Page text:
A bomb attack in the northern Afghan province of Kunduz that appears to have targeted a car belonging to German-led peacekeepers has opposition politicians in Germany questioning the strategy for stabilizing the region.
200 German soldiers are in Kunduz helping prepare for elections
The remote-controlled mine exploded on Wednesday on a crowded road as a NATO-led Provincial Reconstruction Team (PRT) passed by, killing at least two children and two Afghan men. According to a spokesman for the ISAF peacekeepers, the car that was attacked had been clearly marked with the international group's insignia and German flags.
While no peacekeepers were injured, the incident has set off a flurry of criticism in Germany from opposition politicians. They are demanding a change in strategy and questioning whether the soldiers' presence is enough to secure peace in the region, which until the past few weeks, had been counted among the country's more stable areas.
Christian Schmidt (photo), the defense policy spokesman for the conservative parliamentary group made up of the Christian Democratic Union (CDU) and the Christian Social Union (CSU), said the attempt "to bring stability solely through the presence of uniformed soldiers" had failed.
He called for stepping up intelligence-gathering to find out why attacks have begun to be directed at German soldiers. He also demanded that the German parliament, the Bundestag, should be the one to decide whether more German soldiers should be sent to the town of Faizabad as another PRT. The government has not planned on seeking parliamentary approval for the deployment.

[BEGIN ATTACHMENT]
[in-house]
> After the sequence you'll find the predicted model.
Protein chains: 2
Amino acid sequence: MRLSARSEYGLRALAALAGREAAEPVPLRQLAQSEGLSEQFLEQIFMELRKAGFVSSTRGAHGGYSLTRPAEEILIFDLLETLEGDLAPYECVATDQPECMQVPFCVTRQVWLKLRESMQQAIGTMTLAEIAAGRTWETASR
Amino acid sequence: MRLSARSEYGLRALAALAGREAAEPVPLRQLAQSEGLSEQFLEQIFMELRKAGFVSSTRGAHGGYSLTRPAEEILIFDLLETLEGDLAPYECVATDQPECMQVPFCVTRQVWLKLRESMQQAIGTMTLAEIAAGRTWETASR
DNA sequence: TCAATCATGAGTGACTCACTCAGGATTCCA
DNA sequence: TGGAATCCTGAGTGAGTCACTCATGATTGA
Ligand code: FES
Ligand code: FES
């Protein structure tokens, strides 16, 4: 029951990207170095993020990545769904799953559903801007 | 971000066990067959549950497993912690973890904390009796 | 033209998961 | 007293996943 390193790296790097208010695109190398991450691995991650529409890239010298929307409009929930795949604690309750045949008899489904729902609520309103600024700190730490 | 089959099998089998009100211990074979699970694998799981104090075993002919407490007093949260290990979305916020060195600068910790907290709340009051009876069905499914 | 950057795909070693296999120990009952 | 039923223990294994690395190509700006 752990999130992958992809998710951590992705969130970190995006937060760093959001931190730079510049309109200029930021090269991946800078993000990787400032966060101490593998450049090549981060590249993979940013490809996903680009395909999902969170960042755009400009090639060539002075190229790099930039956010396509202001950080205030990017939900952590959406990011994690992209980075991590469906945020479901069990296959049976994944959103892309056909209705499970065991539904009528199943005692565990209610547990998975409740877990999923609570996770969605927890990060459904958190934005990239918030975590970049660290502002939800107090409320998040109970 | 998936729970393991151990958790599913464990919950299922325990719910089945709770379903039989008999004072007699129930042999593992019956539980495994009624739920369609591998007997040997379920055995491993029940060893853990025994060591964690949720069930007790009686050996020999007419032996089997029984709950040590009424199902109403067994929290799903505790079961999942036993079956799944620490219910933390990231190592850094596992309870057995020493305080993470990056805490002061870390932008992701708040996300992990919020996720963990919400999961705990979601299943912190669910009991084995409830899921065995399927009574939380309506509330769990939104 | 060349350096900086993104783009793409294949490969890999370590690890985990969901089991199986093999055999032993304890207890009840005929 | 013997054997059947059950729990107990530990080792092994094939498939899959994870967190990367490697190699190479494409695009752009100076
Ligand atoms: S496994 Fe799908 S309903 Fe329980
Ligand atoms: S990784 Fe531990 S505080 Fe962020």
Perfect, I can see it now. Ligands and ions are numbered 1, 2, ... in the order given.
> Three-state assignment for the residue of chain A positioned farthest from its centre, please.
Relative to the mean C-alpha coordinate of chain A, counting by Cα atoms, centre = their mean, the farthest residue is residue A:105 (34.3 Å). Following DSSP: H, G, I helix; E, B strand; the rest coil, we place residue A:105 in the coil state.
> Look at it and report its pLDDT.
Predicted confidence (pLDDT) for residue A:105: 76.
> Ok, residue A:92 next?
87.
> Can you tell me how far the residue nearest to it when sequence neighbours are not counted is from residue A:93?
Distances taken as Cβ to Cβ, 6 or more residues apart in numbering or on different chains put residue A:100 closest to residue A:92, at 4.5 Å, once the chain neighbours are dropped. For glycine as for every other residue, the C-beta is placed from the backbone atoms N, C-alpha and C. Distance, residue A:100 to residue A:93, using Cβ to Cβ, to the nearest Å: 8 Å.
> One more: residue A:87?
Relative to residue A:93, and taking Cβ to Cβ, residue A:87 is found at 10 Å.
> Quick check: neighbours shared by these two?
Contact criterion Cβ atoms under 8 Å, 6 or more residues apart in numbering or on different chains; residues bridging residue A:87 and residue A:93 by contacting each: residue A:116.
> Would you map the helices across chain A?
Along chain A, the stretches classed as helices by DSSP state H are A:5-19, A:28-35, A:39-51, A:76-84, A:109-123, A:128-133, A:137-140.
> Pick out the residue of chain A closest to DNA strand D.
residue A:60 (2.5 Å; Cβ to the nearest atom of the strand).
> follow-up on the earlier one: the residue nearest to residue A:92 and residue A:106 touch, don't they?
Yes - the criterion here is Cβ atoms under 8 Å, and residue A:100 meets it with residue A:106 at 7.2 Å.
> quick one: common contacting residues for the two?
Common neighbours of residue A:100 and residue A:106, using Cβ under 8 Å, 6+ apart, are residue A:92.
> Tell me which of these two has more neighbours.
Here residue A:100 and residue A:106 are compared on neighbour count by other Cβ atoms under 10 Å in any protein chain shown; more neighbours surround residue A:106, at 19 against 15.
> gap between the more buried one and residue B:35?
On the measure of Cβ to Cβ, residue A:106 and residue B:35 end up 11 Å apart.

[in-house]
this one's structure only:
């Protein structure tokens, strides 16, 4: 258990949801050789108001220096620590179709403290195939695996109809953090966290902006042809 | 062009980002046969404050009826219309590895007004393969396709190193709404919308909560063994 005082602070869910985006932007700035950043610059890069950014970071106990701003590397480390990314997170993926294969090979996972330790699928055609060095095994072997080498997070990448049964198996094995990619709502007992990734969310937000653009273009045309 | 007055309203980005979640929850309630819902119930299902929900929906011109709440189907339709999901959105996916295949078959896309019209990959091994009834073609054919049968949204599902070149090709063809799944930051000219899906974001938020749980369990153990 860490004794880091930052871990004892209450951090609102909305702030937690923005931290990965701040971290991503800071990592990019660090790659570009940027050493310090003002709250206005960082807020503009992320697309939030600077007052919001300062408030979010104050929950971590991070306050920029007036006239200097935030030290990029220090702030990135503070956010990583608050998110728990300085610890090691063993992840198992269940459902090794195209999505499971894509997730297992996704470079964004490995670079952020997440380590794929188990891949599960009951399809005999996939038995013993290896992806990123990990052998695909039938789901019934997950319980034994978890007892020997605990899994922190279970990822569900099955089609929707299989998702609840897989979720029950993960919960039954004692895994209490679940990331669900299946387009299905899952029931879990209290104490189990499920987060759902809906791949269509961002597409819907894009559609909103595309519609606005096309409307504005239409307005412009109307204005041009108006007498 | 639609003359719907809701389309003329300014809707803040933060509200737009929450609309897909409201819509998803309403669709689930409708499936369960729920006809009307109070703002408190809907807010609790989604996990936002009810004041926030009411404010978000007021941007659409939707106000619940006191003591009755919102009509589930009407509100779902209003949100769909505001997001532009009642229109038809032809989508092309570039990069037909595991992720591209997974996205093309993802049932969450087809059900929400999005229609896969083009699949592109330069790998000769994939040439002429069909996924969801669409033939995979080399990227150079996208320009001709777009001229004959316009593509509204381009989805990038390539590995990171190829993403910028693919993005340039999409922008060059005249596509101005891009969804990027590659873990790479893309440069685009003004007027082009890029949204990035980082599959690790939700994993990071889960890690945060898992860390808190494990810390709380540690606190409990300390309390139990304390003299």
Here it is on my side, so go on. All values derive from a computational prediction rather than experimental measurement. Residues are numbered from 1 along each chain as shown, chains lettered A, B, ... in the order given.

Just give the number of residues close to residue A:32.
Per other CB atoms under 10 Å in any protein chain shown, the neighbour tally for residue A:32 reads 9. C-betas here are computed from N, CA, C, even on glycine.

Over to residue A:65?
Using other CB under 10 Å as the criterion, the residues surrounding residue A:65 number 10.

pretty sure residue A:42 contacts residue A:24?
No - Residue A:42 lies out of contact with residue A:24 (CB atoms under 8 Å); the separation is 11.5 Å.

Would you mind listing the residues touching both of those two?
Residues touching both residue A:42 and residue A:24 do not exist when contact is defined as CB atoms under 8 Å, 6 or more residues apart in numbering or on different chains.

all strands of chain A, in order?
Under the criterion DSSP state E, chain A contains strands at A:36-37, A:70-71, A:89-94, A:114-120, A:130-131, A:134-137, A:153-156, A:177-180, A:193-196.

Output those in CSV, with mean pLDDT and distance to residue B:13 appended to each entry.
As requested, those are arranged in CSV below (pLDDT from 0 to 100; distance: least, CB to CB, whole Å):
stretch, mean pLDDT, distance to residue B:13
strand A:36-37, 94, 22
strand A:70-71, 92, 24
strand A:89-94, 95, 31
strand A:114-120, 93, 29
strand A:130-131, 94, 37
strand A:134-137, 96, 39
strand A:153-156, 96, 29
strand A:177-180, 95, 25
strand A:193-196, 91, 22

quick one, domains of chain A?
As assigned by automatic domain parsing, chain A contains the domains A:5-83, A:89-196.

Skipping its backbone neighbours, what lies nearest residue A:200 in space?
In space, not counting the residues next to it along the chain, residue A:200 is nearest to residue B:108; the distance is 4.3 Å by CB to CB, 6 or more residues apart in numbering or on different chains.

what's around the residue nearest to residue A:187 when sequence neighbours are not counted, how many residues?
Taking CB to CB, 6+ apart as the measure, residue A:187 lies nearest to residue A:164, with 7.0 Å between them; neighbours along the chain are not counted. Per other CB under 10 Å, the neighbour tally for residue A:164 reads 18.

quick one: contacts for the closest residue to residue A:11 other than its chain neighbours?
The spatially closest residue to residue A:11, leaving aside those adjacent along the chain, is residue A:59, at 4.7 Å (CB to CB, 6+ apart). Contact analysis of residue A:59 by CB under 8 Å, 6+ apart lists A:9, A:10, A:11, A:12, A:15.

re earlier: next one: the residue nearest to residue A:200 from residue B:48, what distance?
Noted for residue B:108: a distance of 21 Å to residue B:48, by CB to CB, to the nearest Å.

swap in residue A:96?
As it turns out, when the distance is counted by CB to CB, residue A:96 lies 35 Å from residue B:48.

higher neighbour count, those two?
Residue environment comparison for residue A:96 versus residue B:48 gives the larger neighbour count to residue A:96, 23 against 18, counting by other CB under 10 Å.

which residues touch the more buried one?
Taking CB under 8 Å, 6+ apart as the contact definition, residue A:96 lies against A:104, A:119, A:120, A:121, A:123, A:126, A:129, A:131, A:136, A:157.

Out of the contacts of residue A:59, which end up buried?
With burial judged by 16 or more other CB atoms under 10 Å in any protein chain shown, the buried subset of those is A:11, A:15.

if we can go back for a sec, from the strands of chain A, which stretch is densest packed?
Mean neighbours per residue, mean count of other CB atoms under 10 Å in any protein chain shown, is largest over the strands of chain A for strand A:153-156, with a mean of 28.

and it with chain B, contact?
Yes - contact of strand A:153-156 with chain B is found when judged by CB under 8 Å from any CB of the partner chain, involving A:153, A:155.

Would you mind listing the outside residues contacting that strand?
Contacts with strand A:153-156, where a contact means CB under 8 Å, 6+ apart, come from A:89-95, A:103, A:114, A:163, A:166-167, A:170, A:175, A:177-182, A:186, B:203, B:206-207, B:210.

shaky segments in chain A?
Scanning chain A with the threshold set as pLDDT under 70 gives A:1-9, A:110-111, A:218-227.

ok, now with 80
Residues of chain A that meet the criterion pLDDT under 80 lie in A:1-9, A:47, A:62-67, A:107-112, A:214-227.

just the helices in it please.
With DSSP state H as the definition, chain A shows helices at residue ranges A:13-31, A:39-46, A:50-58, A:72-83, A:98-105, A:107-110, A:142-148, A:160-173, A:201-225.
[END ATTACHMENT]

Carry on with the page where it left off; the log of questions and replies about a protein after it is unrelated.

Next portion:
According to the Berliner Zeitung newspaper, the Dutch defense ministry has confirmed that a planned Dutch-German PRT for Faizabad has been shelved. The ministry said the Dutch want to concentrate their efforts on other regions.
The reconstruction team in Kunduz comprises 200 German army soldiers, along with a small number of civilian assistants. Its task is to stabilize the region in preparation for Afghan elections scheduled for September. Compared to other regions in the country, many of which are still under the control of tribal warlords, Kunduz has been relatively calm.
One of the Chinese workers wounded in the terrorist attack in Kunduz.
However, the image was shattered last week when 11 Chinese workers were killed and several injured in an early morning attack by militants on their compound.
The Social Democratic-led government has strongly rejected calls to switch gears in the region. Social Democratic (SPD) foreign policy expert Gernot Erler told the Berliner Zeitung the opposition criticism was "unsound, especially when they don't say what they want to do."
Difficult situation on the ground
However, the head of the Association of the Federal Armed Forces, Bernhard Gertz, told the Netzeitung Internet news site that the concept of regional reconstruction teams should be reviewed to see whether it "offers the guarantee that orderly elections can be carried out in Afghanistan." He warned about putting too pretty a face on the "rather critical" situation on the ground, in which the army can "no longer move freely around without armored vehicles."
Afghanistan's reconstruction minister, Amin Farhang, told Germany's Neue Osnabrücker Zeitung newspaper that more forces are needed on the ground right now in order to ensure that elections in the fall take place. He wants to see the numbers of peacekeepers in the country increased from its present 6,400 to up to 10,000. "If the Germans especially would enlarge their already strong presence as part of the NATO force, we would be very happy," he said.